How Docker changed the way we do tests?

I’m currently working at Zenvia Mobile Results, Brazilian leader in corporate SMS.

Our team is responsible for evolving, fixing and maintaining many application, most of them with a huge load and many transactions per second.

To keep everything running well, we do a lot (I mean, A LOT) of tests in our platform. Well, that’s useless to say, since testing software nowadays isn’t an option, but mandatory.

However, even after many tests, we still have bugs happening in production, sometimes things our tests should cover, but they don’t.

The question is: why?

Why do we still have bugs happening in production after such an effort in testing our applications? The problem is: we’re testing our applications isolated, and assuming that, once each unit is running well, together they will also run harmoniously. This is a huge mistake. It’s like saying that a music band will be a huge success just because all band members are great musicians.

So, we figured out that we’ve had a lack in integration tests.

Ok, we faced the problem and we know where to improve. But how? Integrated tests used to be slow and hard, since each subsystem has its own requirements.

One solution is to simply mock neighbour systems responses and check the system’s under tests behaviour with those responses. That can improve our tests, but we aren’t testing the system under real situations. We all know that mocked tests is dangerous.

Ok, mocked tests aren’t a solution. So we need a way to test our applications as prodution, something that’s not easy.

Here is where Docker shows up.

With Docker, we’re able to tests our applications in an integrated way. And by integrated I mean: something really close to production behaviour. We can now lift the whole system and prepare them to process a request completely, a real end to end test.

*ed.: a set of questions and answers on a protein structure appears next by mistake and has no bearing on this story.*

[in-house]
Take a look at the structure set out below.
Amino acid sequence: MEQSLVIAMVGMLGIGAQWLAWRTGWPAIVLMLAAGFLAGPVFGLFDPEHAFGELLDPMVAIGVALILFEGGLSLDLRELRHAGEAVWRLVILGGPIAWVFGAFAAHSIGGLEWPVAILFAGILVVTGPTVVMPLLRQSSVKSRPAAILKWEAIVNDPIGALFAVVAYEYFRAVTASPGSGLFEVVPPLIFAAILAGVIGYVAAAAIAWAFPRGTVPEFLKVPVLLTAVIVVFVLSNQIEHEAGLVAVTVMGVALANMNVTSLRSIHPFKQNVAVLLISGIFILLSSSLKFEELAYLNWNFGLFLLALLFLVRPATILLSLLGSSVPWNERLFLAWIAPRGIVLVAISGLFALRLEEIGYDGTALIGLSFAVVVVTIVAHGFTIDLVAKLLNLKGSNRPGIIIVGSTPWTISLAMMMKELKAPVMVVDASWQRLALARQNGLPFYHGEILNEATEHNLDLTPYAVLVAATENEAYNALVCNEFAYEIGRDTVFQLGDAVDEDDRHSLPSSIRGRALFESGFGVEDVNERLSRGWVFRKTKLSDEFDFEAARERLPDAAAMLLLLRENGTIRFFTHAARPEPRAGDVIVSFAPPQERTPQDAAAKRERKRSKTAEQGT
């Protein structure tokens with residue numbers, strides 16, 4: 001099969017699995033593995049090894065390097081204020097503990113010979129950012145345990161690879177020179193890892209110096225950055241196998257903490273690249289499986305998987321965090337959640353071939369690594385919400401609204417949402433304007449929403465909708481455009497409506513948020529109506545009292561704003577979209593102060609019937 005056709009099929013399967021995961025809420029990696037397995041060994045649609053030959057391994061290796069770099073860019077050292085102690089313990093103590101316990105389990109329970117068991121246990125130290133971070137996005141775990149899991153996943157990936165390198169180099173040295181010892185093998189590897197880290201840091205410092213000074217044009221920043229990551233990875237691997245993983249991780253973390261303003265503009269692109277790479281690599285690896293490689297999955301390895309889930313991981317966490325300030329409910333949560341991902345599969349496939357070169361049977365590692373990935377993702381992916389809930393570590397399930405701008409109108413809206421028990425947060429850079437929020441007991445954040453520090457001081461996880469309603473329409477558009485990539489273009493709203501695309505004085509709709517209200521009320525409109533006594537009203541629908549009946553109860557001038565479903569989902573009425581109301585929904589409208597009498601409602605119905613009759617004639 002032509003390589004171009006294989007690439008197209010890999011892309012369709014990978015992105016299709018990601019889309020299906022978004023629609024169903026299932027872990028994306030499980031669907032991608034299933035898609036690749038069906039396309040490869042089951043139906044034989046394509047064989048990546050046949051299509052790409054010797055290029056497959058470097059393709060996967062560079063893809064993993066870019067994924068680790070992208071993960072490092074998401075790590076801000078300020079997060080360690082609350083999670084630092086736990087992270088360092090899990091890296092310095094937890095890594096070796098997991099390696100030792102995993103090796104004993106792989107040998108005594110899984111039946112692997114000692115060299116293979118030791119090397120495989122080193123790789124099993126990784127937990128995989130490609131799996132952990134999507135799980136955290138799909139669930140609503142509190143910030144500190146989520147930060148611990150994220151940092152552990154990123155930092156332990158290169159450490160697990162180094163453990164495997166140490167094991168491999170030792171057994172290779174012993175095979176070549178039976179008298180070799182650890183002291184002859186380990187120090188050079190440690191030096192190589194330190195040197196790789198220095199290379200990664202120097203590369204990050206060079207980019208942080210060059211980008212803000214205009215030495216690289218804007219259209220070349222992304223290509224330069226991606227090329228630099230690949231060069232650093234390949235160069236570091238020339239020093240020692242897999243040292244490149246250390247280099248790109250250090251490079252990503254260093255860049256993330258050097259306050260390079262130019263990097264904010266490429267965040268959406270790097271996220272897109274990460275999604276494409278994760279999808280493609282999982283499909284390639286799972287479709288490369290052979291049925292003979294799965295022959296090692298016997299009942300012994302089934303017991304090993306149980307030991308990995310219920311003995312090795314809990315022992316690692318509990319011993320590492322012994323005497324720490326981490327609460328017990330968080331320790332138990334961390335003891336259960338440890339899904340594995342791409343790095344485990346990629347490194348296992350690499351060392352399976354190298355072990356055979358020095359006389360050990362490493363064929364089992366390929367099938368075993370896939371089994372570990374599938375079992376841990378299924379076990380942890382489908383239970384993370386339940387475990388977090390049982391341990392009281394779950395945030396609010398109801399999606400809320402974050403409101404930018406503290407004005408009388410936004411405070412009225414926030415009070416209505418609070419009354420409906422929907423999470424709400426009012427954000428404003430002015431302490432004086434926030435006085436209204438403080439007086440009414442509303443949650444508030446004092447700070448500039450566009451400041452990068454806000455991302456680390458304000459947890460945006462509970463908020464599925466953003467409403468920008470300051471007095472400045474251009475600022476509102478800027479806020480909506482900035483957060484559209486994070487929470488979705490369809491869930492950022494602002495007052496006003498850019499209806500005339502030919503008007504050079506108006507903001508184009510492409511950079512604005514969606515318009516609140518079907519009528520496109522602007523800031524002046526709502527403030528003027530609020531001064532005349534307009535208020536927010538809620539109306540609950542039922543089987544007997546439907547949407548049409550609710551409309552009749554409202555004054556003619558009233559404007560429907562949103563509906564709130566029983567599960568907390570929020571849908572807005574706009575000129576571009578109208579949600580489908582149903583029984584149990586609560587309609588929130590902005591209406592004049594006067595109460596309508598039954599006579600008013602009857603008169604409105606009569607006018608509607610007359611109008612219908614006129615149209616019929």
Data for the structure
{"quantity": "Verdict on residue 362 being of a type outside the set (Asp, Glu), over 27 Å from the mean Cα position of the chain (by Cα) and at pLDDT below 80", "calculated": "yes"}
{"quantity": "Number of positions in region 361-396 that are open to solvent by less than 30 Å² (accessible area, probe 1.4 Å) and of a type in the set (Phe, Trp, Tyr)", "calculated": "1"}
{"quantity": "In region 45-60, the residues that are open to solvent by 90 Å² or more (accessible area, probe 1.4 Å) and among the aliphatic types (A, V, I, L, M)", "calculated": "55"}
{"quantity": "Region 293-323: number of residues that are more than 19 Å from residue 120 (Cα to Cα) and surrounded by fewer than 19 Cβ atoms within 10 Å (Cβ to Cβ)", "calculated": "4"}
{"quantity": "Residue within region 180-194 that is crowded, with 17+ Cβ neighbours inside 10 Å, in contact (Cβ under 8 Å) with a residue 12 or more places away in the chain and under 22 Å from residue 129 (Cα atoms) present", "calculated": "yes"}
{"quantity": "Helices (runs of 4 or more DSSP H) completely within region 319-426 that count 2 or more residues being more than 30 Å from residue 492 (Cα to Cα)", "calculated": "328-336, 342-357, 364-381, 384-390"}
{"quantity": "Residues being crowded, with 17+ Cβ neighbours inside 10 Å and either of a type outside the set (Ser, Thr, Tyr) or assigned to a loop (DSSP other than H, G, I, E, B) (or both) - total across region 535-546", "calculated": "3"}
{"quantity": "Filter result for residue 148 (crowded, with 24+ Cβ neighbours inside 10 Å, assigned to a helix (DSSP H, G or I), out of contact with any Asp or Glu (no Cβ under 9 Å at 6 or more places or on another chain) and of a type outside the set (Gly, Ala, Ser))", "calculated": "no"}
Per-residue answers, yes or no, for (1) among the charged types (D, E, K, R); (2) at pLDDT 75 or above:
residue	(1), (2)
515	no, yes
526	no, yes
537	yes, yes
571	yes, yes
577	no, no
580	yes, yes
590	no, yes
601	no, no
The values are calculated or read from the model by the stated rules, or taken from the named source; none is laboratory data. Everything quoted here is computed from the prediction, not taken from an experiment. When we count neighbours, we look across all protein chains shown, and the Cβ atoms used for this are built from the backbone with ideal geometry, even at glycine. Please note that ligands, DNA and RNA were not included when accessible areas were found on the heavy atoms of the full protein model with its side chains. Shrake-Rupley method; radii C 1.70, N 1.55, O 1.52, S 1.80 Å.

After such improvement in our mode of doing tests, we’re now discovering bugs and misbehaviours we can’t even imagine we had up to a month ago. And that’s great! Every software, even the most tested one, has bugs. It’s our duty to find them and fix.

Now that we have a fully integrated test environment, it’s time to automate.

This automation can be achieved with Docker clients.

To understand it, we first need to understand how Docker works.

Basically, Docker works in a client-server architecture. Docker’s server is responsible for controlling all images, containers, etc. The client will simply do server requests, asking to perform actions, like download a new image, start a container, execute a command in a running container, etc.

So, every docker command you run in your host, you’re actually making a client request to a Docker server. Generally, this server resides in your host, but it can be located somewhere else, like a friend’s machine or even a server running Jenkins, and here’s how we will automate our tests.

There are many Docker client implementations for many languages. A quick search on Github shows you many possibilities. Zenvia itself has a Docker client for Groovy under development. You can check it out here.

So, with a client, you can write your tests in any language and enjoy the power Docker gives you.

For example, you can write your tests in JUnit, starting and stoping your containers “programmatically” and doing assertions like any regular test. The possibilities are endless.

Once the tests are written, you can easily create triggers on Jenkins (or any other continuous integration server) server, asking it to run the tests after each commit in develop, for example. We now have real tests, running a more similar production scenario, integrated to our pipeline. Of course, those tests are not 100% production like, since we don’t have the same load we do in production, but it’s a huge improvement compared to our old tests.

To finish, Docker is just one of the available solutions. Many other approaches can be adopted, using containers, virtualisation or even lifting your whole system in your host machine. The fact is: there aren’t excuses anymore to assume that a well unit tested system is bug free or that you should to test your application in production.

Those dark days are gone. A new age of self contained tests has arisen. Bug’s life is doomed. You have the weapon on your hand: just aim and pull the trigger.

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